doesn't like bikes and makes it difficult to own them. Plus, everyone (in
his family, at least) thinks you are strange if you like motorcycles -
not 'bad' like the image Rich Urban Bikers espouse to, but he says they
think you are not good at making decisions if you choose to ride.
We talked for quite a while about the attitude toward bikes in the US. His wife Michelle said little, but he mentioned she did not like bikes. After a while I asked Michelle if she would like to ride her own motorcycle someday, since it was obvious Giol really wanted to ride again. It would be wonderful for them to ride together ... Her response was "Bikes are not for women."
Well, that started a completely different discussion. Both were surprised to hear about MSF classes taught for men AND women. Both were surprised to hear that fully a third of my local club are women who ride their own bike. And Giol was greatly surprised to hear Michelle say she might maybe possibly consider it. He simply had never asked her.
I wonder how the rest of their morning went.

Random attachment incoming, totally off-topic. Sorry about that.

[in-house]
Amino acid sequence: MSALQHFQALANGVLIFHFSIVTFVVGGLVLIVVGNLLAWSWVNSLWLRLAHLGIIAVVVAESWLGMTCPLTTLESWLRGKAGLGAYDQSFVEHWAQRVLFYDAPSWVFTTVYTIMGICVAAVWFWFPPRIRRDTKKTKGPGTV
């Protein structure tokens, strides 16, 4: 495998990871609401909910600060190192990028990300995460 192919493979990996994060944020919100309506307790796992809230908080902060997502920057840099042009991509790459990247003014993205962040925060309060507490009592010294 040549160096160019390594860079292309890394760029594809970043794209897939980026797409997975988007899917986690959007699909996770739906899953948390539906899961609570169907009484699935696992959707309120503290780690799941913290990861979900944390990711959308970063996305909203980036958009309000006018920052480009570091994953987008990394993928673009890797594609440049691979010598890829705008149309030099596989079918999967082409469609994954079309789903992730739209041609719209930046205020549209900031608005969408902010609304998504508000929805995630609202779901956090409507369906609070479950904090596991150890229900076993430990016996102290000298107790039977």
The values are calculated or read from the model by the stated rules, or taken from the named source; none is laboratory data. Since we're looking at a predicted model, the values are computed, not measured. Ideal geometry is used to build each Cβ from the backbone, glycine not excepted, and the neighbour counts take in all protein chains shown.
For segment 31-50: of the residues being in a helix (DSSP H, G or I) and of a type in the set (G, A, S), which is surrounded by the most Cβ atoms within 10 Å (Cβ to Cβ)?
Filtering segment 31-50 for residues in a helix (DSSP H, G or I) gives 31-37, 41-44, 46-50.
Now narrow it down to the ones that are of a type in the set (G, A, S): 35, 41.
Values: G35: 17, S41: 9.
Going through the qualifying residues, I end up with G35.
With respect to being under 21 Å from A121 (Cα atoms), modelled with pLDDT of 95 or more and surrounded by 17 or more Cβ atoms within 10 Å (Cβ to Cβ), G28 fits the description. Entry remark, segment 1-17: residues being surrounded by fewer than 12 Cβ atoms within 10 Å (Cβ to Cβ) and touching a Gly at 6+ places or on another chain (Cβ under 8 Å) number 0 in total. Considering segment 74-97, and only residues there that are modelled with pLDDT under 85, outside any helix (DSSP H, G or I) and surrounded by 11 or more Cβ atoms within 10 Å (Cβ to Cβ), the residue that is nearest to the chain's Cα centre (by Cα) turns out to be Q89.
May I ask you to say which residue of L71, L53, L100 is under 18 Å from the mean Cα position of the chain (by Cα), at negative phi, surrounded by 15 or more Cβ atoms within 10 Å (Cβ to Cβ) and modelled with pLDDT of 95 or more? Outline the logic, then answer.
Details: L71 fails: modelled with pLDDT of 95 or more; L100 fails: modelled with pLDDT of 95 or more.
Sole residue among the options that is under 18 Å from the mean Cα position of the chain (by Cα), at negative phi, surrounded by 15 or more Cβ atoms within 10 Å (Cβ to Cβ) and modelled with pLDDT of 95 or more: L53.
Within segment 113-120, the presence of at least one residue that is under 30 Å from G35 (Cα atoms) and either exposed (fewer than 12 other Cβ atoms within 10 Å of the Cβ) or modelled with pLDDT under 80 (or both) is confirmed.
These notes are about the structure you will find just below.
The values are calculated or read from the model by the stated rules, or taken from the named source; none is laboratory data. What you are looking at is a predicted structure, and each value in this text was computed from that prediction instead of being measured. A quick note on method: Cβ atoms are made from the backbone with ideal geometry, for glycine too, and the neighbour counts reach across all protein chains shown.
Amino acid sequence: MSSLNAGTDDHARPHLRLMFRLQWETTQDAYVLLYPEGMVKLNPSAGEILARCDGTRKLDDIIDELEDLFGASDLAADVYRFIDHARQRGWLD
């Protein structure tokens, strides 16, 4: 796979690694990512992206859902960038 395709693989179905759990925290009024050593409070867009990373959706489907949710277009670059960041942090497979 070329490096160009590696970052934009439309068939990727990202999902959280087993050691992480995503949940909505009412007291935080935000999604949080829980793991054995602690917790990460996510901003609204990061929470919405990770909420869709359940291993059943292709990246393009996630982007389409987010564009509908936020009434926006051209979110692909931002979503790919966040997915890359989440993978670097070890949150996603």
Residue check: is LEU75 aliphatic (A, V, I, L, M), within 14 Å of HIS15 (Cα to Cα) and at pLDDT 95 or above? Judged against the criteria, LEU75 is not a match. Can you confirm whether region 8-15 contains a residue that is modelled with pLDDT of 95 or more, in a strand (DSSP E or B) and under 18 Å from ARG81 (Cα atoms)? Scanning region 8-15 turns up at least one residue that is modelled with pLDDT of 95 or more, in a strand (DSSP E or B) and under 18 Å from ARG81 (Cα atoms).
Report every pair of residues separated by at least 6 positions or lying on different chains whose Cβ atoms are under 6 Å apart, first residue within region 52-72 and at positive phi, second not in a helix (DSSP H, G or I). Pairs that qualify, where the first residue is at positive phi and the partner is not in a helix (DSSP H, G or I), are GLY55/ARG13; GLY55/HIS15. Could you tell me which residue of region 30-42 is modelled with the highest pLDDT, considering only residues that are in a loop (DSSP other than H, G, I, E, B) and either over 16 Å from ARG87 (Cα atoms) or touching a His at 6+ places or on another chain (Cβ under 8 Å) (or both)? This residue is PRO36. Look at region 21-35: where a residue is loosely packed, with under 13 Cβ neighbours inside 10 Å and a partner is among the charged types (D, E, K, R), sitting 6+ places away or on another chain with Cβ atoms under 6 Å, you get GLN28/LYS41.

Route 168 climbs over Westgard Pass in the White Mountains, between the Sierra Nevada and Death Valley. It is desolate and desert. The sign at the turnoff from US395 beats the "last gas" signs I saw earlier this year - and any I've heard of since: Next Fuel Beatty 137 miles. Half way up the gnarly sinuous highway that follows the flow fields of the alluvial fans, White Mountain Road angles sharply upward to well over 10,000 feet where Pinus Longaeva dwell. These Ancient Bristlecones are adapted to a terrain and climate that is astoundingly sparse ... as is the oxygen to breathe. I won't go into Ranger Recitation mode, but for these dudes to get so healthy when the growing season here is only *six weeks long* is something worthy of respect. And some of them have been at it for almost 5,000 years. Definitely worth a visit!
Not far south along US395 is a simple roadside sign:
Historical Place, Manzanar. All that is left of the government run concentration